Notes on Research

  • In Public Houses: Drink and the Revolution of Authority in Colonial Massachusetts by David W. Conroy, (1995)
  • As Ancient Is This Hostelry: The Story of the Wayside Inn, by Curtis F. Garfield and Alison R. Ridley(1988)
  • A History of Longfellow’s Wayside Inn by Brian E. Plumb (2011)
  • Howe Genealogies by Daniel Wait Howe (1929), Massachusetts Historical and Genealogical Society. This is said to be the best of the several genealogies of the family. Although I do not have a copy of the entire book, portions of it are available on the Internet.
  • Middlesex County records found on Ancestry.com. Birth, death and marriage.
  • Historic Homes and Institutions and Genealogical and Personal Memoirs of Worcester County Massachusetts Vol. 1, ed by Ellery Bicknell Crane (1907) Available as a Google Books e-book.
  • FindaGrave.com The tombstone picture came from Find a Grave, because although I visited the Sudbury Old North Cemetery, (located in Wayland MA) where Samuel is buried, I was unable to spot his grave.
  • I also have had assistance from the archivist and a historian at Longfellow’s Wayside Inn and the historian with the Sudbury Historical Society.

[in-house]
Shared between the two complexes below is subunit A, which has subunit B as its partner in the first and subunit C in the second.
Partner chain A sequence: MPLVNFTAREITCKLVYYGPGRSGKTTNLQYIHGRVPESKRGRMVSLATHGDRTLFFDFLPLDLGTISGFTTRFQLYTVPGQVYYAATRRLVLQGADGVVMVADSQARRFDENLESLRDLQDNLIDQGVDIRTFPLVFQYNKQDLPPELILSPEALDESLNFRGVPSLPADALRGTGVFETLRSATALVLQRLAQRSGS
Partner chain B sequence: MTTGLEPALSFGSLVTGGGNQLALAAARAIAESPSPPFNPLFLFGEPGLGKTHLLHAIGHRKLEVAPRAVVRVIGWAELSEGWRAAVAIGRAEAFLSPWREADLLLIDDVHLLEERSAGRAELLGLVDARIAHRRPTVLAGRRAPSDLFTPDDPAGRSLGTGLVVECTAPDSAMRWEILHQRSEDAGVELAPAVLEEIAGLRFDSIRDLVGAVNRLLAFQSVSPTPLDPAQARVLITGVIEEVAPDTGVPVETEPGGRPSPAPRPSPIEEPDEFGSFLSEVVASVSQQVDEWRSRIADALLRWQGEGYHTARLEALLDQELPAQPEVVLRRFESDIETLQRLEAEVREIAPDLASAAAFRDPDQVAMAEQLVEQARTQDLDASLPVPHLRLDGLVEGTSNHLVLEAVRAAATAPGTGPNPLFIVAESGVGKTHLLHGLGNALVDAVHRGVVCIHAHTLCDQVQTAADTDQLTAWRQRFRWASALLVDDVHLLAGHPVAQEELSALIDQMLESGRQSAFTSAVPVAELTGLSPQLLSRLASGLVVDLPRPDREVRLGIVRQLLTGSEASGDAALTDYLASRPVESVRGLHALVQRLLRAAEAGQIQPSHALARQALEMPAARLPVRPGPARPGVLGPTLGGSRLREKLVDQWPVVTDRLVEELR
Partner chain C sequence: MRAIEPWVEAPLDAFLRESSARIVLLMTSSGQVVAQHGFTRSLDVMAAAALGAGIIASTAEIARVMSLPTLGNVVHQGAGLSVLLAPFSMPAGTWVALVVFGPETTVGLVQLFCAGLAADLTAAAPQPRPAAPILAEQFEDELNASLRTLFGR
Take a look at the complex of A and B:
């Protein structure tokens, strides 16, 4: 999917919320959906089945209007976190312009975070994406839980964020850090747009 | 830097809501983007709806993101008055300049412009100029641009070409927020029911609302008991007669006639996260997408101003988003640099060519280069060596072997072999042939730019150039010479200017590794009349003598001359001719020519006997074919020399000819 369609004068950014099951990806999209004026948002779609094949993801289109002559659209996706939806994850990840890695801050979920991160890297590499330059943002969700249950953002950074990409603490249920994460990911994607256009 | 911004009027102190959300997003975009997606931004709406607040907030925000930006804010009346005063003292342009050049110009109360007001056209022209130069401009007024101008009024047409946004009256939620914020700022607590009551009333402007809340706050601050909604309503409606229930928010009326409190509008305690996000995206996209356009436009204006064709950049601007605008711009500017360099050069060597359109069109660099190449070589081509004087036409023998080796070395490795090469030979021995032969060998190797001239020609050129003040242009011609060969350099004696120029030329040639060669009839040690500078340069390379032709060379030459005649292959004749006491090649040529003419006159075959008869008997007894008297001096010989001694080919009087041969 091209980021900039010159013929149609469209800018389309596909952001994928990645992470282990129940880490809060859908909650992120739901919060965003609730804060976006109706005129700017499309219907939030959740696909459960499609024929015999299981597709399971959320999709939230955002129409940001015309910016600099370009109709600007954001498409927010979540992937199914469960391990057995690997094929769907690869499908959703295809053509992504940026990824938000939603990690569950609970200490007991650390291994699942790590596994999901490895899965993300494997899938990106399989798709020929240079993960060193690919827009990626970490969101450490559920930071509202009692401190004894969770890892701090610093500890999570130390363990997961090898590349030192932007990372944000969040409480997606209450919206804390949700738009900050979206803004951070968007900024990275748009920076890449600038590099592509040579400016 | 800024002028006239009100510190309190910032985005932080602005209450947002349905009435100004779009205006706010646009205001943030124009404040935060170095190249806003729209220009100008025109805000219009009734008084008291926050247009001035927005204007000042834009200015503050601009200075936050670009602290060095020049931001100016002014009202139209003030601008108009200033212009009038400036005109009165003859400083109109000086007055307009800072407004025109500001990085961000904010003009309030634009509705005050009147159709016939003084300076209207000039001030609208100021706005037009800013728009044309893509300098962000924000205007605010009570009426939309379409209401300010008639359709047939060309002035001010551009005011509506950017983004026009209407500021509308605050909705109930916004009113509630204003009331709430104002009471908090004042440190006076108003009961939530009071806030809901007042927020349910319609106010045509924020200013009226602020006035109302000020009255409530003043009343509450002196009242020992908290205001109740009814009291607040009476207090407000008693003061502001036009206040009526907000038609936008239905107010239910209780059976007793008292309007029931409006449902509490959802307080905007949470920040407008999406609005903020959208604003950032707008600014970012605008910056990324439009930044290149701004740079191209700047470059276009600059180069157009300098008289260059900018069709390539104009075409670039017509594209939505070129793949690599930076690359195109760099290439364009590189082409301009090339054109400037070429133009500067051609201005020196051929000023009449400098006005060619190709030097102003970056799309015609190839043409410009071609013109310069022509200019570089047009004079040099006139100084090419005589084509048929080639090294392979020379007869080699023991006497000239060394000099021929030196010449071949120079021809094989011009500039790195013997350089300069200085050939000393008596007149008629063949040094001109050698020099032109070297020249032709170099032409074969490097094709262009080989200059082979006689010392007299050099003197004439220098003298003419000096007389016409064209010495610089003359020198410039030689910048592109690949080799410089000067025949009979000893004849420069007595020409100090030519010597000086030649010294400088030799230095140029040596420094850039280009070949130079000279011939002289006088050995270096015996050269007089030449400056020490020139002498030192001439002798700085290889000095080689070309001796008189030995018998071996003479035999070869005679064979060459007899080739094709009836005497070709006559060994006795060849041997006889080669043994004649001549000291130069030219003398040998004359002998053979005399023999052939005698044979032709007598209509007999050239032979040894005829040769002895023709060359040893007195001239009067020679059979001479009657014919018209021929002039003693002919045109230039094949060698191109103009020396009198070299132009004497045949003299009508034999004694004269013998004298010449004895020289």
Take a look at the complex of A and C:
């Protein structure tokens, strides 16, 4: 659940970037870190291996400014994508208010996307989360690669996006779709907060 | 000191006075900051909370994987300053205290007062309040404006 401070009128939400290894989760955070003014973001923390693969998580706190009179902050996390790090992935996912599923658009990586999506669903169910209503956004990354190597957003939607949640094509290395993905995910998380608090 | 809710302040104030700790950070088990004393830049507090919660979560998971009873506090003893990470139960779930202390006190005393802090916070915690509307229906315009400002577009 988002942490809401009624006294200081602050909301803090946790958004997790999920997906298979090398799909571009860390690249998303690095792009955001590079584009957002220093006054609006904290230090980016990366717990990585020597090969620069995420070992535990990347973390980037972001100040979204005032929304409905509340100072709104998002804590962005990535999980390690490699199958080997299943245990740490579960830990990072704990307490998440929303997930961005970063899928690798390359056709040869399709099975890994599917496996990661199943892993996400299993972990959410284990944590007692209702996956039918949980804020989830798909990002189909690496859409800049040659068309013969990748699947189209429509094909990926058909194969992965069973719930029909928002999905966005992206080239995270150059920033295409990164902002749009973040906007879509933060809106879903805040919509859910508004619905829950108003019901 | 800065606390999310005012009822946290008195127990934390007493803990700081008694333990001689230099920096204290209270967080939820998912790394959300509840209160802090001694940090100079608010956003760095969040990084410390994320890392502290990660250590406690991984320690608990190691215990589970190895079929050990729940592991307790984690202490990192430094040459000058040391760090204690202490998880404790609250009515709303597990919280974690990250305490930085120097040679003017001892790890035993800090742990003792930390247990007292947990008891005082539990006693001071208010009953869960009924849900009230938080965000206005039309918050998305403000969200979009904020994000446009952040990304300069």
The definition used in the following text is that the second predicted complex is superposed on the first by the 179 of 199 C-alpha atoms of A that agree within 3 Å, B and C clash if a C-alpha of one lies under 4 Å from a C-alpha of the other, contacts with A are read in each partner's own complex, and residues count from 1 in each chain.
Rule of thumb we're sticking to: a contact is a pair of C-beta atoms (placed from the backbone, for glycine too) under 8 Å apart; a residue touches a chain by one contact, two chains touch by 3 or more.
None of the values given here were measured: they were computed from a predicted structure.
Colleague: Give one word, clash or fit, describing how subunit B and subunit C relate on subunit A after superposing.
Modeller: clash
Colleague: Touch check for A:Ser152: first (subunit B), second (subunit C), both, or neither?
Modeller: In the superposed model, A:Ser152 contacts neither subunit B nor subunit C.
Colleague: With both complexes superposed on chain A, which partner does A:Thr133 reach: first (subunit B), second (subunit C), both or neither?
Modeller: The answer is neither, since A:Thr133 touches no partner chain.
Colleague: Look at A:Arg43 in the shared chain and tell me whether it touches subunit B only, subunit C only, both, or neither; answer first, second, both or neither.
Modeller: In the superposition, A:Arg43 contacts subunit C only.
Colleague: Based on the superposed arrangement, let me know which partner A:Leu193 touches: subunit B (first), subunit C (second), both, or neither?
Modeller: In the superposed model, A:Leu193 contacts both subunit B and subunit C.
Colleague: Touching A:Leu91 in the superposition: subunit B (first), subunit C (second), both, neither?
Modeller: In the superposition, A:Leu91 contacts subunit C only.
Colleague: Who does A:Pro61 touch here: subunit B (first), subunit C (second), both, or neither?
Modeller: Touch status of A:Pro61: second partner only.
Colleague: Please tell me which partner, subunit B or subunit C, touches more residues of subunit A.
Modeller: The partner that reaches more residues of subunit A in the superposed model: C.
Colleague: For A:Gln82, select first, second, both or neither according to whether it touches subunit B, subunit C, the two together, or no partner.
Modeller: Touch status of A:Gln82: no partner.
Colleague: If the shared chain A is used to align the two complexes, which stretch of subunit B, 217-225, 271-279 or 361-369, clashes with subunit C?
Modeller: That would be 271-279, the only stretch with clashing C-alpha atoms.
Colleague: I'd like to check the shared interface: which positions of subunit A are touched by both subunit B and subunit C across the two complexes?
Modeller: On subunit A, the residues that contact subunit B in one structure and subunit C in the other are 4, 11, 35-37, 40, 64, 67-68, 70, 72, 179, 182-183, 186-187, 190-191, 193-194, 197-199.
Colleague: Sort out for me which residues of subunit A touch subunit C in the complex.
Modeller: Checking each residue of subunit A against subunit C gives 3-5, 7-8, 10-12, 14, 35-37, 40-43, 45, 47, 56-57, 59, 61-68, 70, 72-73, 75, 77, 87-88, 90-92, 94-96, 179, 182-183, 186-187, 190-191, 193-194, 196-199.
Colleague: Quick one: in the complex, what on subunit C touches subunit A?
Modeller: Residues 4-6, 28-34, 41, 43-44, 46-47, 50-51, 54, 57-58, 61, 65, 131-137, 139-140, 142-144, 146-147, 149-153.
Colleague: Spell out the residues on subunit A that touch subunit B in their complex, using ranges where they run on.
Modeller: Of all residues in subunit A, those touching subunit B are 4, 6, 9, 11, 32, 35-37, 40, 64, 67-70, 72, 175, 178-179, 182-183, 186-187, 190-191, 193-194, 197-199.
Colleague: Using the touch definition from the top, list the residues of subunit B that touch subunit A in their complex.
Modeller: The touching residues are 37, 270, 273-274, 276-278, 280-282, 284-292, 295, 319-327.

Cousin Reunion and Aunt Pauline’s Spice Cake Recipe

Spice cake has been a favorite in America (and in Europe and the Caribbean) for as long as people have had access to the exotic spices of the East.

Spices for spice cake

Nutmeg, cinnamon, cloves. Photo found on Flickr. Click photo to learn more about the photographer

Today, I will be arriving in Sudbury, Massachusetts and looking forward to a family reunion. This week my sister, brother and I will join two cousins at the Wayside Inn. The cousins, Herbert Anderson and JoAnn Anderson Yoder are two members of the family of five children raised by my Uncle Herbert Anderson and his wife Pauline McDowell Anderson.

In this picture, Jimmy, who was my age was not in our group. Sadly, Jim is no longer with us.  Romona and Larry Anderson are unable to join our mini-reunion because of health issues. But here we are all when we were young and gathered at our Grandma and Grandpa’s house. (Apologies, Herb–someone labeled this picture back when you were called “Sonny” and I was called “Bunny” by the family.)

Anderson Kids and Me

Cousins Romona, Herb, Larry, and Jo Ann Anderson with Vera Marie Badertscher, Grandma and Grandpa Vera and Guy Anderson’s house, Killbuck, 1941.